It was some time after this that I had the happiness of becoming acquainted with Dr Wilson, and ultimately he placed himself under my ministry, and joined the church under my pastoral care. In the presence of many who were thus brought into close spiritual fellowship with him, I need not to say how blamelessly he walked in the ordinances of the Lord; how wisely and piously he behaved himself in the house of God; with what anxious regard for the opinions and feelings of others he pursued his course; and how ready he was at all times to lend his aid to the furtherance of everything that tended to promote the efficiency of the church, or to diffuse knowledge or enjoyment amongst its members. Very pleasant was his presence amongst us; and, now that he is gone, a blank has been created in our ranks which all feel will not readily be filled.

Having at an early period addicted himself to the study of chemistry, Dr Wilson selected the teaching of this science as his vocation in life. In this department he soon gained wide and well-founded reputation. His thorough mastery of his subject, alike in its principles and its details; his power of lucid statement, graphic description, and felicitous illustration; his command of a copious and elegant style; the accuracy of his analysis, and the skill with which he prepared and conducted experiments: conspired speedily to elevate him to a foremost place as a lecturer on the valuable and fascinating science to which he had consecrated his energies. For several years he continued to teach it; first in the School of Arts, afterwards along with this in the extra Academical Medical School in this city; besides giving frequent lectures and courses of lectures of a popular kind on branches of his science at the Philosophical Institution and elsewhere, as his strength and regular engagements permitted. His merits as a man of science and a scientific teacher at length attracted the attention of those in power, and when the Professorship of Technology was created in the University in 1855, Dr Wilson was appointed to occupy that chair, as to him had been intrusted the formation and the Directorship of the Industrial Museum, which it was resolved to collect for the purpose of promoting the culture of scientific industry in this country. Thus, without any of those advantages which wealth or patronage confer, by sheer dint of talents usefully directed, and labour perseveringly employed, he had gained for himself a place of honour and influence in that illustrious seat of learning which, two and twenty years before, he had entered as a humble student without any "extrinsic advantages."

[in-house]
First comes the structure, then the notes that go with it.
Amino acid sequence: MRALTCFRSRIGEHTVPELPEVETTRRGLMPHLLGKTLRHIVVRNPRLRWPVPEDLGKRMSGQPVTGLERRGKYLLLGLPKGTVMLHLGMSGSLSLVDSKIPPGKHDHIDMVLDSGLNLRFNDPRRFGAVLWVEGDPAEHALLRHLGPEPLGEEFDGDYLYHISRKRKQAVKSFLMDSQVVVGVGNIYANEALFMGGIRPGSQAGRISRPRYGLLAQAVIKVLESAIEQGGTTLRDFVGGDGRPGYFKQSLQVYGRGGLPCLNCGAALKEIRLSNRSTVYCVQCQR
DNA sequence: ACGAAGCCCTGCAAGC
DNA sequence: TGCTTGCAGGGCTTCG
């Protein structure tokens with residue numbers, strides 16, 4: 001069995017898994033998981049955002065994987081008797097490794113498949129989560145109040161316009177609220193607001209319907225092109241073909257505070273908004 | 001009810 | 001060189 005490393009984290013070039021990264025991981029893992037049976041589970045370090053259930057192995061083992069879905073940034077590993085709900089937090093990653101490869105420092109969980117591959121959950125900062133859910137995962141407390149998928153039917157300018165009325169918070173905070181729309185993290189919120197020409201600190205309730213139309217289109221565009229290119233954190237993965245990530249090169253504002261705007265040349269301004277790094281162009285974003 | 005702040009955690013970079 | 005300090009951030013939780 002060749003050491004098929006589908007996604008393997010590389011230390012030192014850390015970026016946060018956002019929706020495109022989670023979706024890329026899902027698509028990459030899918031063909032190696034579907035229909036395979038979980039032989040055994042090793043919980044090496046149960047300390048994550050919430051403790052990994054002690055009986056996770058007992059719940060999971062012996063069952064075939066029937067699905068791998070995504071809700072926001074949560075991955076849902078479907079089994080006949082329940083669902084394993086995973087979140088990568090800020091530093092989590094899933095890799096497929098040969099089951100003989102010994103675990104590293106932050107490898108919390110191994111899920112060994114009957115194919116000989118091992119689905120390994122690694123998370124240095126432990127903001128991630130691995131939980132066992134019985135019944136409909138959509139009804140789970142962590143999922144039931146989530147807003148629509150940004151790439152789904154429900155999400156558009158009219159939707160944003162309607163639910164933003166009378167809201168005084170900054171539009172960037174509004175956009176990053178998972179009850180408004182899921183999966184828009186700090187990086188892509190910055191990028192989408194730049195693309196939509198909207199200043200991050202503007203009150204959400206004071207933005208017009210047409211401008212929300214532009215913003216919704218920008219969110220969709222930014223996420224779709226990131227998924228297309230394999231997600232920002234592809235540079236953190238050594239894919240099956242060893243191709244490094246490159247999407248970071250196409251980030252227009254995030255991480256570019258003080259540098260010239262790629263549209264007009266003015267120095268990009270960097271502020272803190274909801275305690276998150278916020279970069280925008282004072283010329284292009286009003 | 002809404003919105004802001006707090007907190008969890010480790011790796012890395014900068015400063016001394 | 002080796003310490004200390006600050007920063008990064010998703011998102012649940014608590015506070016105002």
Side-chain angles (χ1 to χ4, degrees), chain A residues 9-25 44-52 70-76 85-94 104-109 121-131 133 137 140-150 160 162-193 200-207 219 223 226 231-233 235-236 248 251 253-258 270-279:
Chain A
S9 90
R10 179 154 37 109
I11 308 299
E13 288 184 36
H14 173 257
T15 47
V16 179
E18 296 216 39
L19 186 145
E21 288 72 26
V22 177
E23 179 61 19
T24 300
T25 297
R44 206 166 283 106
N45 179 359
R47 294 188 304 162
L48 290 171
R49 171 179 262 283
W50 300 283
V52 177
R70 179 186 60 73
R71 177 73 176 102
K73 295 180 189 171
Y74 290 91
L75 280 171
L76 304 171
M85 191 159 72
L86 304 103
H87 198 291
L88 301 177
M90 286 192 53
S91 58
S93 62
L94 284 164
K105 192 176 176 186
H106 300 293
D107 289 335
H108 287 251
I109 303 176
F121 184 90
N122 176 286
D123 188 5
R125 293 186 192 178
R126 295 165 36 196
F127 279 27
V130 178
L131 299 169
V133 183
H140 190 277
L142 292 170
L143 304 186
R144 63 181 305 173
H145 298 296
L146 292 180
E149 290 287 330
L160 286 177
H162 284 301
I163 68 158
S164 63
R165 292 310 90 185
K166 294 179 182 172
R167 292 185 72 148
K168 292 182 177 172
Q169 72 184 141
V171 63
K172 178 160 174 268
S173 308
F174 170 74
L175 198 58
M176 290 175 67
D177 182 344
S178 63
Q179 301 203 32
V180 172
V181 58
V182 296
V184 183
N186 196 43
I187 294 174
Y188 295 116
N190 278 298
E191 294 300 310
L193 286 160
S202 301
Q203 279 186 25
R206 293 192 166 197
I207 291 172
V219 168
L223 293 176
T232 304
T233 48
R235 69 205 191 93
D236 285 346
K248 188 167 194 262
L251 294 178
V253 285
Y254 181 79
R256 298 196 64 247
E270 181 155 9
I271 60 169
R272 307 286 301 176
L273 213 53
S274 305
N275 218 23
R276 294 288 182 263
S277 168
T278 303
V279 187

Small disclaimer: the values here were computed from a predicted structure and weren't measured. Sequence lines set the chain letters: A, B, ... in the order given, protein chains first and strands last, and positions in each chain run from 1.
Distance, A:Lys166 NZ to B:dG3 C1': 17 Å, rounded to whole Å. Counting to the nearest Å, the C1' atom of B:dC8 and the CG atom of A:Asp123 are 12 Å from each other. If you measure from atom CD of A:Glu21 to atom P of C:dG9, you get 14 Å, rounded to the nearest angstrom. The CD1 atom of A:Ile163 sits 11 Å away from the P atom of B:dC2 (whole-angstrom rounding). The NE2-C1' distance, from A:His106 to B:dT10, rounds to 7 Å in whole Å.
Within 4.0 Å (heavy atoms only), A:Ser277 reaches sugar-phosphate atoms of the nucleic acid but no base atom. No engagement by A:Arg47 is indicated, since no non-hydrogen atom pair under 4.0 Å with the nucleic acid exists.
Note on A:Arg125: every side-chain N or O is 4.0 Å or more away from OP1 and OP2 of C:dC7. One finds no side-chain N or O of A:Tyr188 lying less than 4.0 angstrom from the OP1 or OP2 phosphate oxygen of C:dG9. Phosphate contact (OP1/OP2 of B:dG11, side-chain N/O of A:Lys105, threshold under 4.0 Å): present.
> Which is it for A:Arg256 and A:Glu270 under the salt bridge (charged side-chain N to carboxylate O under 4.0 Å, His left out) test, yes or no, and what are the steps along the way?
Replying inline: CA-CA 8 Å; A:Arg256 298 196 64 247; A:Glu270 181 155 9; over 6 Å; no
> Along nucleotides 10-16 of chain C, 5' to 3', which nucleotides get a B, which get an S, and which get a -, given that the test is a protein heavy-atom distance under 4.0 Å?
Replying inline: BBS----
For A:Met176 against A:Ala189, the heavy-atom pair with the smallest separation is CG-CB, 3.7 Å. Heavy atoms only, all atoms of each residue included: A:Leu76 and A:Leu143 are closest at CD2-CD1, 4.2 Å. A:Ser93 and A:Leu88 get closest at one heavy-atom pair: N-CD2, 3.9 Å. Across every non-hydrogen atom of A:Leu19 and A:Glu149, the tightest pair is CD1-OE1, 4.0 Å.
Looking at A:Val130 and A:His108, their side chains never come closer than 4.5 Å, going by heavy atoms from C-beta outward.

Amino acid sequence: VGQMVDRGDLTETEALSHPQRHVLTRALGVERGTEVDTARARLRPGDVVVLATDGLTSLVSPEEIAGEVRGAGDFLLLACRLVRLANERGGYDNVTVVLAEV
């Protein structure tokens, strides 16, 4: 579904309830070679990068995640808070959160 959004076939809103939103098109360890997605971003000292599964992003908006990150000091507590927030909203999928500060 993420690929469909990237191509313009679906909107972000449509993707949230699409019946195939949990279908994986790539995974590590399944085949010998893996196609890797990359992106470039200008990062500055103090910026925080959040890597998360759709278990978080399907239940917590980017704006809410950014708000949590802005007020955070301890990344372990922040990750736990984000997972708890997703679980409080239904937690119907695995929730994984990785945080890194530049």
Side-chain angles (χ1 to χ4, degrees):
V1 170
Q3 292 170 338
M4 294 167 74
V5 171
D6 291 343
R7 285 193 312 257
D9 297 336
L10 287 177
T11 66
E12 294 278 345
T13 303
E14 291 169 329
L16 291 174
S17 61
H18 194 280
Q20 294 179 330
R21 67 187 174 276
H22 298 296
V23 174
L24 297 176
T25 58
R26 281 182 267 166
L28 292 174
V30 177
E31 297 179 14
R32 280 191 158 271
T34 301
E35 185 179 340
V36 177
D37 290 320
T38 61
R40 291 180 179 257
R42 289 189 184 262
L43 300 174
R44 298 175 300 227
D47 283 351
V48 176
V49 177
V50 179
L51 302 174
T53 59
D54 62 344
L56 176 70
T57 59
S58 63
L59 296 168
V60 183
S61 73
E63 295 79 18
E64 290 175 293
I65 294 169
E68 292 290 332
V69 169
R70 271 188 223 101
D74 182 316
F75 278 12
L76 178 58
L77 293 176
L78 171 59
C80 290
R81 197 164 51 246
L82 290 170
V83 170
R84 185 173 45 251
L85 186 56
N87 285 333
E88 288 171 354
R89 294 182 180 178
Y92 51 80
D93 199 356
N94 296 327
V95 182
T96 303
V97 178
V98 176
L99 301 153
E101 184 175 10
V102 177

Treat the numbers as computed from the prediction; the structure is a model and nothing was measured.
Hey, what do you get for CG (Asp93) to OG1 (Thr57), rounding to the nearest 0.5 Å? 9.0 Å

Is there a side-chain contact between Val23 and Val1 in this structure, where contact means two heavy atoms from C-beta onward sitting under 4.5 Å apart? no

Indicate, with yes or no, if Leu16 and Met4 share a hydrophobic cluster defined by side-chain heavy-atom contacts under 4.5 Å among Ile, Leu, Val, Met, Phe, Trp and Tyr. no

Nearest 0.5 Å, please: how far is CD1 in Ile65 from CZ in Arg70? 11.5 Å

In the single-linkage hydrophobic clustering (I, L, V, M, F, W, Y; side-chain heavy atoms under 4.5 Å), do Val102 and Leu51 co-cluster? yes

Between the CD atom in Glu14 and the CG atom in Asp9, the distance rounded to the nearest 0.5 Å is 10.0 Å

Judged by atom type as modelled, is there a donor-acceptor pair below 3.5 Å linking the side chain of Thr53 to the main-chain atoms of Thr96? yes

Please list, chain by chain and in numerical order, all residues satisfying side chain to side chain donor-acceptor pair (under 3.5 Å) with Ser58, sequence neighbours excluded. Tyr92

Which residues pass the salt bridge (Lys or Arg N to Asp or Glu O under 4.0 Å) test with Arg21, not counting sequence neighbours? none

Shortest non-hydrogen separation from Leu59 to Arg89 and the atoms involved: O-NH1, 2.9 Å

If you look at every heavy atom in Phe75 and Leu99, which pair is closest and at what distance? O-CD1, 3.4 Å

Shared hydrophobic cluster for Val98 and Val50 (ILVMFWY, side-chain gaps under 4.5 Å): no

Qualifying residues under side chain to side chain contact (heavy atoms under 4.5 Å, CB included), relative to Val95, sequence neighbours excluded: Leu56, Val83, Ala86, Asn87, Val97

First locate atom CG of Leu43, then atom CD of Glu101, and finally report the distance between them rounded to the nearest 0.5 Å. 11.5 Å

To the duties of his new sphere, Dr Wilson devoted himself with an ardour and laboriousness which filled his friends with anxiety lest the toils to which he exposed himself should operate injuriously on his already fragile frame. The public have yet to learn how much they are indebted to him for the valuable collection of objects and implements of industry which has been brought together as the nucleus of the museum of which he had the care; but how much of his life was expended in accomplishing that end, none but those constantly with him can ever know.

In the Chair of Technology a new and congenial field was opened for him, in which, from the extensive range of his scientific attainments and sympathies, as well as his matured experience as a lecturer, the most auspicious expectations were entertained as to his success. These hopes were just beginning to be largely realised when they were destined to be smitten for ever. Dr Wilson had for many years laboured under a tendency to pulmonary complaint, and though it was marvellous how little his physical weakness was allowed by him to interfere with his mental activity or professional labours, the very efforts he put forth were only strengthening the hold upon him of that insidious disease. At the commencement of this session he appeared to be as he had been for years before, and he entered upon his duties with his usual vivacity and energy, and with the largest class he had as yet enrolled. But he had barely entered upon them when he was summoned from them, and all sublunary pursuits, by that dread call which none can resist. He continued lecturing up to Friday the 18th of November last, and on Tuesday the 22d he died.